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Pain: Why sex matters

  1. Josette J Wlaschin
  2. Sangeetha Hareendran
  3. Claire E Le Pichon  Is a corresponding author
  1. Eunice Kennedy Shriver National Institute on Child Health and Human Development, National Institutes of Health, United States
  2. Department of Biology, Johns Hopkins University, United States
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Cite this article as: eLife 2021;10:e74935 doi: 10.7554/eLife.74935

Abstract

The immune mechanisms underlying hypersensitivity to pain after nerve injury are different in male and female mice.

Main text

Pain cautions our bodies against harmful stimuli – such as a burning flame or the pointy end of a needle – and protects us when we are injured. These stimuli are detected by sensory neurons, which transmit signals to the spinal cord and brain. Damaging these neurons can lead to persistent and chronic pain, but the mechanisms underlying this are not fully understood.

One important player in controlling pain related to nerve damage is the immune system (Calvo et al., 2012; Scholz and Woolf, 2007). Previous work showed that injured sensory neurons release a protein called CSF1 (short for colony stimulating factor 1), which activates microglia, the main immune cell type in the brain and spinal cord. In this activated state, microglia proliferate, change their form and alter their behavior.

In 2016, a group of scientists discovered that male mice became hypersensitive to touch when their microglia were activated by nerve injury or by injecting CSF1 in to the space around the spinal cord (Guan et al., 2016). However, microglia have also been shown to be sexually dimorphic, playing different roles in disease and pain in males and females (Mogil, 2020). Now, in eLife, Allan Basbaum, Anna Molovsky and colleagues from the University of California, San Francisco – including Julia Kuhn and Ilia Vainchtein as co-first authors – report that microglia and another immune cell population respond differently to pain signals in male and female mice (Kuhn et al., 2021).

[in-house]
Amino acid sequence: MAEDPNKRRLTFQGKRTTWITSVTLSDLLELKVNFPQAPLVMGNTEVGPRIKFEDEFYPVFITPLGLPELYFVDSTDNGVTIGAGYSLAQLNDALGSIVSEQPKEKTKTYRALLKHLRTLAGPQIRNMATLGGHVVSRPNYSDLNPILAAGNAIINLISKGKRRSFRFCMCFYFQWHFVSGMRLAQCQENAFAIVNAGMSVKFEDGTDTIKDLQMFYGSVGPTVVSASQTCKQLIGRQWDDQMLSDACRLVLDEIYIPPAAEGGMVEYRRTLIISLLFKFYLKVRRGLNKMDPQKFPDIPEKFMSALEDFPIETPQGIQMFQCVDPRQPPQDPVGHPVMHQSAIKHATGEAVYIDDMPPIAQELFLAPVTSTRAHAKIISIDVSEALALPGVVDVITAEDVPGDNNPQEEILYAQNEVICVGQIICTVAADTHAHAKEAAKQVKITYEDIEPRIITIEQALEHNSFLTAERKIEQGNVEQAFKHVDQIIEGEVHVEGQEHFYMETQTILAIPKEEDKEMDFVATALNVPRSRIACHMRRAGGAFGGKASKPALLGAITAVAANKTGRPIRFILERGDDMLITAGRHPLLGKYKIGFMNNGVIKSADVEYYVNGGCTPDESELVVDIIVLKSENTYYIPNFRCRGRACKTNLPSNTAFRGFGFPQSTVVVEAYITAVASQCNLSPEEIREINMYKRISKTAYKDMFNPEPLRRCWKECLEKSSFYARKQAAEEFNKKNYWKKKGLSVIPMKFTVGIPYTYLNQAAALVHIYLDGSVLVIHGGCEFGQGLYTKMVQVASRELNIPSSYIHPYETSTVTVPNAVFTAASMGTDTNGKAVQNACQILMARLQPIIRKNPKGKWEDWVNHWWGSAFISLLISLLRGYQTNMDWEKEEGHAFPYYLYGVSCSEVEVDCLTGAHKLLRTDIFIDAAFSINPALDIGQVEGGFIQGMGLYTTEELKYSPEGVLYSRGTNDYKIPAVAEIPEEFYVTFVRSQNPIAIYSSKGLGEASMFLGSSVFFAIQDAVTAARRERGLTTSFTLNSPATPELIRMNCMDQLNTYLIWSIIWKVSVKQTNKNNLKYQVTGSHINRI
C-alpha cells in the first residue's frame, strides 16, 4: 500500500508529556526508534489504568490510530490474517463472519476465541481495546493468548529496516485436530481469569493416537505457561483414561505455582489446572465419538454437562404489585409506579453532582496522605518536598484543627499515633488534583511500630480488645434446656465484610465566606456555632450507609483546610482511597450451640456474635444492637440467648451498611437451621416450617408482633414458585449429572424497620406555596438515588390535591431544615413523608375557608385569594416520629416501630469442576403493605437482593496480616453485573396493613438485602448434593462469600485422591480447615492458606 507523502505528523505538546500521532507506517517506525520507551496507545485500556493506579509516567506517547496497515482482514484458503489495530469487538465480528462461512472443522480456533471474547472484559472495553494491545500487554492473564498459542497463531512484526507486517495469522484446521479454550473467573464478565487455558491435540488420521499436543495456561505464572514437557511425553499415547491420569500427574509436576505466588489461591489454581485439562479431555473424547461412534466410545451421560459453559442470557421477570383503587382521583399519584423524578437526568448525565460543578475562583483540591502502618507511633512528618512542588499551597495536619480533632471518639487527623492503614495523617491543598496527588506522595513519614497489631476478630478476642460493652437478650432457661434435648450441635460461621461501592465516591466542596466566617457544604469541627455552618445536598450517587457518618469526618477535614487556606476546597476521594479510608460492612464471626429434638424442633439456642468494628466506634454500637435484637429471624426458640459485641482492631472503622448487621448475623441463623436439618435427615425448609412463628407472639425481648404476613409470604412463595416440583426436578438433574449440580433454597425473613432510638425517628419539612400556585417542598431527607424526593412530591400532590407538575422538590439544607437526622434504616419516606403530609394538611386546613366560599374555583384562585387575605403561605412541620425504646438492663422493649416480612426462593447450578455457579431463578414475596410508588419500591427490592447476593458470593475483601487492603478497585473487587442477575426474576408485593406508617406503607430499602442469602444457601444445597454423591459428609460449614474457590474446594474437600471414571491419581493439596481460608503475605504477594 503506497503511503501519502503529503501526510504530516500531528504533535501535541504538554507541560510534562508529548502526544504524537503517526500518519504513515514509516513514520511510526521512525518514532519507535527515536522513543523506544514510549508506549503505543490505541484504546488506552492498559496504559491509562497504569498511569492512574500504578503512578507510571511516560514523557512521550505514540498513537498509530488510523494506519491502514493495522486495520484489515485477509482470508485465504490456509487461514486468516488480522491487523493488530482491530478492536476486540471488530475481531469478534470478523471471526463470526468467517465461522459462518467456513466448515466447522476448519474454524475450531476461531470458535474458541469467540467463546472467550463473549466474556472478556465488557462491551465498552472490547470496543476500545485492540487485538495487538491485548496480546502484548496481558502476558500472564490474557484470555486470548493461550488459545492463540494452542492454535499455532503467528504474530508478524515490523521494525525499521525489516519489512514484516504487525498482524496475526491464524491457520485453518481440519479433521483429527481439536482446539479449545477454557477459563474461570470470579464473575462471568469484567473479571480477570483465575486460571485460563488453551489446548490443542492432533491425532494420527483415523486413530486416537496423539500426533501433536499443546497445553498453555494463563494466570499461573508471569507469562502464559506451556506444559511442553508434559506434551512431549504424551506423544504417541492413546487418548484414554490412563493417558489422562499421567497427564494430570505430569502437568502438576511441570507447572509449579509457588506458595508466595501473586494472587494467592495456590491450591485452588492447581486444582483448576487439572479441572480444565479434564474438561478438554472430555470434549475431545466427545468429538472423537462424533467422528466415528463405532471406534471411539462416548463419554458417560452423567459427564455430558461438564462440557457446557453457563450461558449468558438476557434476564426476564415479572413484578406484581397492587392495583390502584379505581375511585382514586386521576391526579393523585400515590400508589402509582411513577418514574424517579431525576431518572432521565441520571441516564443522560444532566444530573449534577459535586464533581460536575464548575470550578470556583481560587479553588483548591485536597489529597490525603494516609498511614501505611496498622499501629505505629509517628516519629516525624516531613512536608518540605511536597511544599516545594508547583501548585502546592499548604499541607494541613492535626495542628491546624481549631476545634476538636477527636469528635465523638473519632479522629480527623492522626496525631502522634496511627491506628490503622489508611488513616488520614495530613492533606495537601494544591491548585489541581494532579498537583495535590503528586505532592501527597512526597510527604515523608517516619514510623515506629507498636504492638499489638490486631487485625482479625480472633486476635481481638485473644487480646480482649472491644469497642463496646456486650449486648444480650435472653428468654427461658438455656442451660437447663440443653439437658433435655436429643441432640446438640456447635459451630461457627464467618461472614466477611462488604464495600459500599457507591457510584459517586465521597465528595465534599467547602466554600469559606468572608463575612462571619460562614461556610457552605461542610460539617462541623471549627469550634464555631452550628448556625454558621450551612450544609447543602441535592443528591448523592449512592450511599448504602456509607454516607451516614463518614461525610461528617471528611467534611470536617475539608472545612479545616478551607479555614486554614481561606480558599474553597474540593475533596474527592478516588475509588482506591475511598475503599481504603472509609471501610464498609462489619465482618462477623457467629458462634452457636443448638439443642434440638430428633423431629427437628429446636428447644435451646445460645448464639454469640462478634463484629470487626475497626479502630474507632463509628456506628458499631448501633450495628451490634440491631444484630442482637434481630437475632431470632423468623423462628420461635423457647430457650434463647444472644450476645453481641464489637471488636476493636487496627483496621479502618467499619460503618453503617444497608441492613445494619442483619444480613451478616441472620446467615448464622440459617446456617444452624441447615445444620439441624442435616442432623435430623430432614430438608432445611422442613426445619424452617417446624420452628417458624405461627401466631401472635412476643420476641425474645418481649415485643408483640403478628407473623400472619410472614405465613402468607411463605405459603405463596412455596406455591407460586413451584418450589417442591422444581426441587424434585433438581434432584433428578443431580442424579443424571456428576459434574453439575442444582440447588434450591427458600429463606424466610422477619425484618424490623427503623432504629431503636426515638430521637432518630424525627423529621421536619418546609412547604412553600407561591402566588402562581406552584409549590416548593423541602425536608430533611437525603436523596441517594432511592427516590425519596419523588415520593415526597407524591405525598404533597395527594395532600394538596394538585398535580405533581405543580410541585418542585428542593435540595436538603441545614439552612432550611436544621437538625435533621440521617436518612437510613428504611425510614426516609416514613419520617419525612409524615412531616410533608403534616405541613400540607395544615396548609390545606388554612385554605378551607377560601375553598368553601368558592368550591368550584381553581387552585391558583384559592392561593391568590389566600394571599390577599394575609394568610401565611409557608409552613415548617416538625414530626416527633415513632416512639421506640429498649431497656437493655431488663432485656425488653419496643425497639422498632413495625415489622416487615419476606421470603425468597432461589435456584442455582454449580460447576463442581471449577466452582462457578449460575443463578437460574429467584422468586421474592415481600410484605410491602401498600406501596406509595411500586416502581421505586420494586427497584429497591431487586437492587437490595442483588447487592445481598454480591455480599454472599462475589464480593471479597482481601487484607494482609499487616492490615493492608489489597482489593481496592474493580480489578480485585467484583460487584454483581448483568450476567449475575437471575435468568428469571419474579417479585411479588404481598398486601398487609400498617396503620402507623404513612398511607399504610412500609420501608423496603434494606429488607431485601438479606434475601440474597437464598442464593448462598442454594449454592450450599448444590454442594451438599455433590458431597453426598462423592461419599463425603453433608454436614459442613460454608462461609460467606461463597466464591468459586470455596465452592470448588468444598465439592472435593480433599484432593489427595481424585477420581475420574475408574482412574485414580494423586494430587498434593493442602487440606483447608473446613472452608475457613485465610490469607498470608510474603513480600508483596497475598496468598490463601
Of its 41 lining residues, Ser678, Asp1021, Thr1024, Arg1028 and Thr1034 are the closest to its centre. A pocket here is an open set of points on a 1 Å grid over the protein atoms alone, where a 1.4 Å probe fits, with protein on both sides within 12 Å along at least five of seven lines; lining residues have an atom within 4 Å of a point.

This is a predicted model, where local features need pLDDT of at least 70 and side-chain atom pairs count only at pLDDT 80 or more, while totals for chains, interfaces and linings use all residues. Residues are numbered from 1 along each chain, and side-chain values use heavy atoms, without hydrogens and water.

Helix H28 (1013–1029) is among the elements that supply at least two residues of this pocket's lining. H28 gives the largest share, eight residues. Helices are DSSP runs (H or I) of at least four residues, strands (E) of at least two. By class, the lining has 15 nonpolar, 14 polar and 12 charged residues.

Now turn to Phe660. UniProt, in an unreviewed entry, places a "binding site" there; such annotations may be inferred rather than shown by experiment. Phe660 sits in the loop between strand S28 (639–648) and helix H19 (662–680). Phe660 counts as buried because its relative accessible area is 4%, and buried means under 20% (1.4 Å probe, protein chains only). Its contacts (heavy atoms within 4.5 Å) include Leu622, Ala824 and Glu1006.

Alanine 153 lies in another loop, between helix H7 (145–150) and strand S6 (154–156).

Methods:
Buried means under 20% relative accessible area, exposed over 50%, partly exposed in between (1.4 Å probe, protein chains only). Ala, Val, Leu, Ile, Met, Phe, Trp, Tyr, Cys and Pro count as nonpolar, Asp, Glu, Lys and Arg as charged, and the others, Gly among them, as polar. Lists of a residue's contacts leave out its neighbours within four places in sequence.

To investigate the mechanisms underlying hypersensitivity to touch, the team (which includes some of the researchers involved in the 2016 study) damaged the sciatic nerves of male and female mice lacking the gene for the CSF1 protein in their sensory neurons. Pain was assessed using the Von Frey assay, where mice are placed on an elevated grate and their paws are poked with different sized filaments (Decosterd and Woolf, 2000; Shields et al., 2003). Thick filaments will evoke a pain response that causes the mouse to flinch and withdraw its paw; whereas, thinner filaments only elicit this response when mice are hypersensitive to touch.

As shown previously, male mice deficient in CSF1 were not hypersensitive to touch after nerve injury. Female mice lacking CSF1, however, still withdrew their paws when poked with thinner filaments, suggesting that the mechanism underlying hypersensitivity in females is different to males. To confirm these findings, Kuhn et al. injected CSF1 near the spinal cord and assessed pain in the absence of nerve injury. As expected based on the previous results, the male mice became hypersensitive to touch, whereas the females did not (Figure 1). Further experiments examining the genes expressed by microglia after injection of CSF1 revealed that male mice upregulated different genes compared to females, including genes associated with disease, and the activation and recruitment of immune cells.

The differing effects of CSF1 injection on male and female mice.